*Image: “Sunset” by John Douglas, 17″ x 22″ Epson4900 Print, 2015
A STORY OF BEGINNINGS
After the wind pushes the weanling
away from its mother, after the night, black
so black it nearly glows, after the ocean’s
million hands fold and unfold,
the young will be less young,
and the old still old.
No birds out today and aren’t you glad? Aren’t you
tired of hearing about such things?
It’s raining and the frogs are out.
A palm frond knifes against the ink black
sky. The deafening knot hides
in the Florida thick.
It’s raining and I see myself:
a sun-spiked dandelion,
a paper boat, a blank page.
The moon’s smile says Let her in.
The pale face of a stranger says Let her in.
The candle’s unlit wick says Let her in.
This is the beginning and the end: this—
a mother’s hands open
and a daughter’s always reaching.
DAESONG-DONG, PART II
After Dylan Thomas
This moonless night
the boneblack foals lope
back to their stalls
to shake their mangled wisps.
The wind tumbles dumbly,
folding and winding
between the unpaved streets
and cobblestoned houses.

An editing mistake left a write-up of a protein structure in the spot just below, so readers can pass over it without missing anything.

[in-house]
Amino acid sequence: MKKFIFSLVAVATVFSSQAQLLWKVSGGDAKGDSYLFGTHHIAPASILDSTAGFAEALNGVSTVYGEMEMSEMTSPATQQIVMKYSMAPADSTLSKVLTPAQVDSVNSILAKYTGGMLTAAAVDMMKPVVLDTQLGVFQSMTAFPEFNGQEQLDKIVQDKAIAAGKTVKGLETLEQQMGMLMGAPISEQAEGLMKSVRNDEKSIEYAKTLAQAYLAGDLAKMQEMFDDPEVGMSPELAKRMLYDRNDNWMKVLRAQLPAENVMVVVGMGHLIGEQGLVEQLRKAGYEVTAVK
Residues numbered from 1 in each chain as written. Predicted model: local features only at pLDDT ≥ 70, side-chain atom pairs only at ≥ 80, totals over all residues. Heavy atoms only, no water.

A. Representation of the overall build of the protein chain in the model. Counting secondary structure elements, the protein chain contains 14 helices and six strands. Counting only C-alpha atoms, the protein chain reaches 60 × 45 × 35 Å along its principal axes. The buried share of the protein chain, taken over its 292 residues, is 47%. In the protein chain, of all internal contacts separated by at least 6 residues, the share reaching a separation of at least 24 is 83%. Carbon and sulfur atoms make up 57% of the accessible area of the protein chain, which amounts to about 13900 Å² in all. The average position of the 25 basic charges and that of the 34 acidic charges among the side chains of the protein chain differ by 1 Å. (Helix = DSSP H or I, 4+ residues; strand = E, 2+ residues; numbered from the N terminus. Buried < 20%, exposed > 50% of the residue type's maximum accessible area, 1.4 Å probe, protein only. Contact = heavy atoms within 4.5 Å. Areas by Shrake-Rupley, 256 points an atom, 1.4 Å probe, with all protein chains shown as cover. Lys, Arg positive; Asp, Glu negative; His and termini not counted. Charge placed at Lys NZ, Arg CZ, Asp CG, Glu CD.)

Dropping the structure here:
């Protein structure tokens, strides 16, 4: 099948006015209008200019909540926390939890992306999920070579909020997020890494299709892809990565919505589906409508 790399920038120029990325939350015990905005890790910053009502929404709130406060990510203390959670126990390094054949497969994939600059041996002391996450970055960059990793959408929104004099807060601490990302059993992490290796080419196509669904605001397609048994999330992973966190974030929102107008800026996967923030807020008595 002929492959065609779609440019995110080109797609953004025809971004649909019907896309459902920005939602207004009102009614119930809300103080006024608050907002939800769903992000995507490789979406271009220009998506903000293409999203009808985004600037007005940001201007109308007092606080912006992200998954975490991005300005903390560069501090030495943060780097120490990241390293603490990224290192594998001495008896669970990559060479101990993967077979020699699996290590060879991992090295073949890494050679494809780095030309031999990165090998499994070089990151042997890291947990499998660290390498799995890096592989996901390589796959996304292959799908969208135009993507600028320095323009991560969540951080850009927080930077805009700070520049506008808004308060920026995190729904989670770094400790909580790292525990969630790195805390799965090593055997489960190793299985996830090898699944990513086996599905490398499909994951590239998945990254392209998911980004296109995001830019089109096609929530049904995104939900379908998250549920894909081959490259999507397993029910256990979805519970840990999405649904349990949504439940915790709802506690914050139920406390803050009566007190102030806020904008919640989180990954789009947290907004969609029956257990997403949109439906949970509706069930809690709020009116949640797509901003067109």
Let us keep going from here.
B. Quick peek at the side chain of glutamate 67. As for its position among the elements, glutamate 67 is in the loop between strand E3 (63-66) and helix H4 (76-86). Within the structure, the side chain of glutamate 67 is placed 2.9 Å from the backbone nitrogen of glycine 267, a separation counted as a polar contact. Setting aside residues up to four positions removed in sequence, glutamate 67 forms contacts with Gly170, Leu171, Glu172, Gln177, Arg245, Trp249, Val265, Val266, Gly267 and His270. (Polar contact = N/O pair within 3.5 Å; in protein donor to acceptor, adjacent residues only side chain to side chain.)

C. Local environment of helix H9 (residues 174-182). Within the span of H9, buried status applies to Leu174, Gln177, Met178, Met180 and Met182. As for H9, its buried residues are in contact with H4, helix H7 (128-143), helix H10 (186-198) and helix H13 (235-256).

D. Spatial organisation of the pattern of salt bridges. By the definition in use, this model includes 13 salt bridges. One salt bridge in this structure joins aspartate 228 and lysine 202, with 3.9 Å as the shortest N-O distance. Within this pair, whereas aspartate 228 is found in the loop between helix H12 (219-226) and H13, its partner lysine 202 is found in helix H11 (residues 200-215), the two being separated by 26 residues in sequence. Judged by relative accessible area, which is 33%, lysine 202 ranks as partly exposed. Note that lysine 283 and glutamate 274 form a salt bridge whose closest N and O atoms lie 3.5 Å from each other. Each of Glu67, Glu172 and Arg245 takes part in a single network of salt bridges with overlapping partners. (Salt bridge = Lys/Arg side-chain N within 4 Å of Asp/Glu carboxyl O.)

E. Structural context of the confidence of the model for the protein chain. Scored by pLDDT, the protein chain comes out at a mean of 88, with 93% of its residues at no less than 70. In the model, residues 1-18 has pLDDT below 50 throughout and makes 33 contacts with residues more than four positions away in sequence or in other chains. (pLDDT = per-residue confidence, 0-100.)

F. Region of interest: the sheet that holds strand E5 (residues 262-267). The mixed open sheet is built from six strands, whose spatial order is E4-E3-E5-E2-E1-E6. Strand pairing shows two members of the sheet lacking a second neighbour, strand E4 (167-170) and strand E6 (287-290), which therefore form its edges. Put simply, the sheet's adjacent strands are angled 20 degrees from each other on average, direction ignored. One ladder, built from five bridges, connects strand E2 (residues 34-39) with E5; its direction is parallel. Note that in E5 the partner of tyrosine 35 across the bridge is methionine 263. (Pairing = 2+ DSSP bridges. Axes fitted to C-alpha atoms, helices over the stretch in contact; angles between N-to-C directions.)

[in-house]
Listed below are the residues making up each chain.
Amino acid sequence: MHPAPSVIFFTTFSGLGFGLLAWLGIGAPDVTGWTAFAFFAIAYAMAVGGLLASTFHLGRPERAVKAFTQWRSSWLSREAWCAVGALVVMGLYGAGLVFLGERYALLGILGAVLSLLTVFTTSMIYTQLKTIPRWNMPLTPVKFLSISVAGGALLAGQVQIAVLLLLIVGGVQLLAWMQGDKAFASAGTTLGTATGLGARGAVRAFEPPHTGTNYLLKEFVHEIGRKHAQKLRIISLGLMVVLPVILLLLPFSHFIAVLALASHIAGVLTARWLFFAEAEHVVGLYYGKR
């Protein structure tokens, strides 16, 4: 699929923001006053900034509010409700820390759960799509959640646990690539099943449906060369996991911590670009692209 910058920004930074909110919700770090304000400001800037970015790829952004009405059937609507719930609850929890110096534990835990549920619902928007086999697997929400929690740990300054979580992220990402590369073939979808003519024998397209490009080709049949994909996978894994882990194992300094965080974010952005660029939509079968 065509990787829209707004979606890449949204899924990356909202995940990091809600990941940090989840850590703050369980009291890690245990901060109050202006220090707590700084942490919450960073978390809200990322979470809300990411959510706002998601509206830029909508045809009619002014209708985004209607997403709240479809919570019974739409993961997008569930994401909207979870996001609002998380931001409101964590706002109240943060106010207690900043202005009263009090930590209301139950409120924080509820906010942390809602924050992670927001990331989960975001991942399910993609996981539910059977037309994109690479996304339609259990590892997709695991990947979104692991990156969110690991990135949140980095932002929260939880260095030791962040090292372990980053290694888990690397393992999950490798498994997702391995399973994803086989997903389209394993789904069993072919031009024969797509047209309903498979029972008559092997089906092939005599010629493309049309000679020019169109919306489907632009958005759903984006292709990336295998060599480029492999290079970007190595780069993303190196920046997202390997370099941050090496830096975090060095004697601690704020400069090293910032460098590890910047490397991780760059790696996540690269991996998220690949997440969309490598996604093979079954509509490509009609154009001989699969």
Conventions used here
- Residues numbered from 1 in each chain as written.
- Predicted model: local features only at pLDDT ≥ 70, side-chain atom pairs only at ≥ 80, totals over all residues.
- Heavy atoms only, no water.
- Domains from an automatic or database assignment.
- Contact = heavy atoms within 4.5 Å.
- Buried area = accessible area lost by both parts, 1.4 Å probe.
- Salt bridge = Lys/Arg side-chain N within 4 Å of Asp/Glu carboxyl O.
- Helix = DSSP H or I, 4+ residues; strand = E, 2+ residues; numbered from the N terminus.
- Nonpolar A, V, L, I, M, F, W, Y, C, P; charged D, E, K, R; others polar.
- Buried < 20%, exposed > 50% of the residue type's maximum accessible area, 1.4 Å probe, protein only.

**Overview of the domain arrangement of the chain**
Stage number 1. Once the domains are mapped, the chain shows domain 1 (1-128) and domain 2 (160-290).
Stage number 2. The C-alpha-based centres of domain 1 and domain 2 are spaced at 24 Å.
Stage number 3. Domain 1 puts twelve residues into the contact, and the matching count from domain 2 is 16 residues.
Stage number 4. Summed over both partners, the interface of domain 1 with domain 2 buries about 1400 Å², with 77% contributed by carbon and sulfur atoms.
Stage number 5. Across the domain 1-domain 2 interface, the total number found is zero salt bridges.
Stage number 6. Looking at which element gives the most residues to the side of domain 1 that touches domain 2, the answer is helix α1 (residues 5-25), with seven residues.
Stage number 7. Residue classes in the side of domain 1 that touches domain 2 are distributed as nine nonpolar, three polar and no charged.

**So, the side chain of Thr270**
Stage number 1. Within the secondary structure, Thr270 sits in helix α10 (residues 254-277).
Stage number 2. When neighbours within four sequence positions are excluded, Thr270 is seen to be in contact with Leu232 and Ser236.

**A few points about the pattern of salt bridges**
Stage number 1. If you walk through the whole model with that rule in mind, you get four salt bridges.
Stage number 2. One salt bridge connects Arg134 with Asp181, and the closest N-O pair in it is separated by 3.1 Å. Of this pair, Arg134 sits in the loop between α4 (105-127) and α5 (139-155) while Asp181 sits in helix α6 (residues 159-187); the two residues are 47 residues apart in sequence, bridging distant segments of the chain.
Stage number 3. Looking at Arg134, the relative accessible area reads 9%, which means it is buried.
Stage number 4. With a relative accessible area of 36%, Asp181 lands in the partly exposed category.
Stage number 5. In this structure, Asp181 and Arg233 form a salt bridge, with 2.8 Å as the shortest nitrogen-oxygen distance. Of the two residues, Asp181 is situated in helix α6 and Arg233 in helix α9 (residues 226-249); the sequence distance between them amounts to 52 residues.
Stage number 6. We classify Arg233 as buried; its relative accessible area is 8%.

How can this place scream ruin?
A pitch-eyed woman lies soft
to dream of lighting lit
love or swaddled salt
hushed between sheets.
Bodies billow like breath
blown through clouded curtains.
I hung them here—
my fingers, slim and birdlike,
making life from the unpainted
canvas. See those ribs? They are full
of words and wards—a wall!
This throat? Begs for the ungloved hand.
These shadows chew light—
the sun a smothered blaze.
How this place screams ruin.
A tired oak drags
her budded branches against
a doleful patch of dew-
glazed bluegrass. The salve-
slow hymn drives sweet
babes bedded from tumbled
sheets to lamb-warm sleep,
their eyes fastened like the dead.
THE STARS ARE DISTANT AS MOTHERS ARE
All these years I thought of you
as beautiful and gracious,
not groping the pockets of men,
bit-lipped, the wolf’s slavering jaw.
This veil-pulled life: dusk drunk
my hand heeling my temple.
Look how the bathwater cups
the silver moon. How the crows
roost, coal beak to coal plume.
There’s too much throat
around my consonants. The soft-rolled r
nicks against the back of my teeth.
Sometimes, my too-wide mouth wraps
around the wrong sound,
the tendons of Korea too tough
to chew & deadens my tongue.
My mother left before she could teach me
the warble in my own name,
in the Palace of Articulation.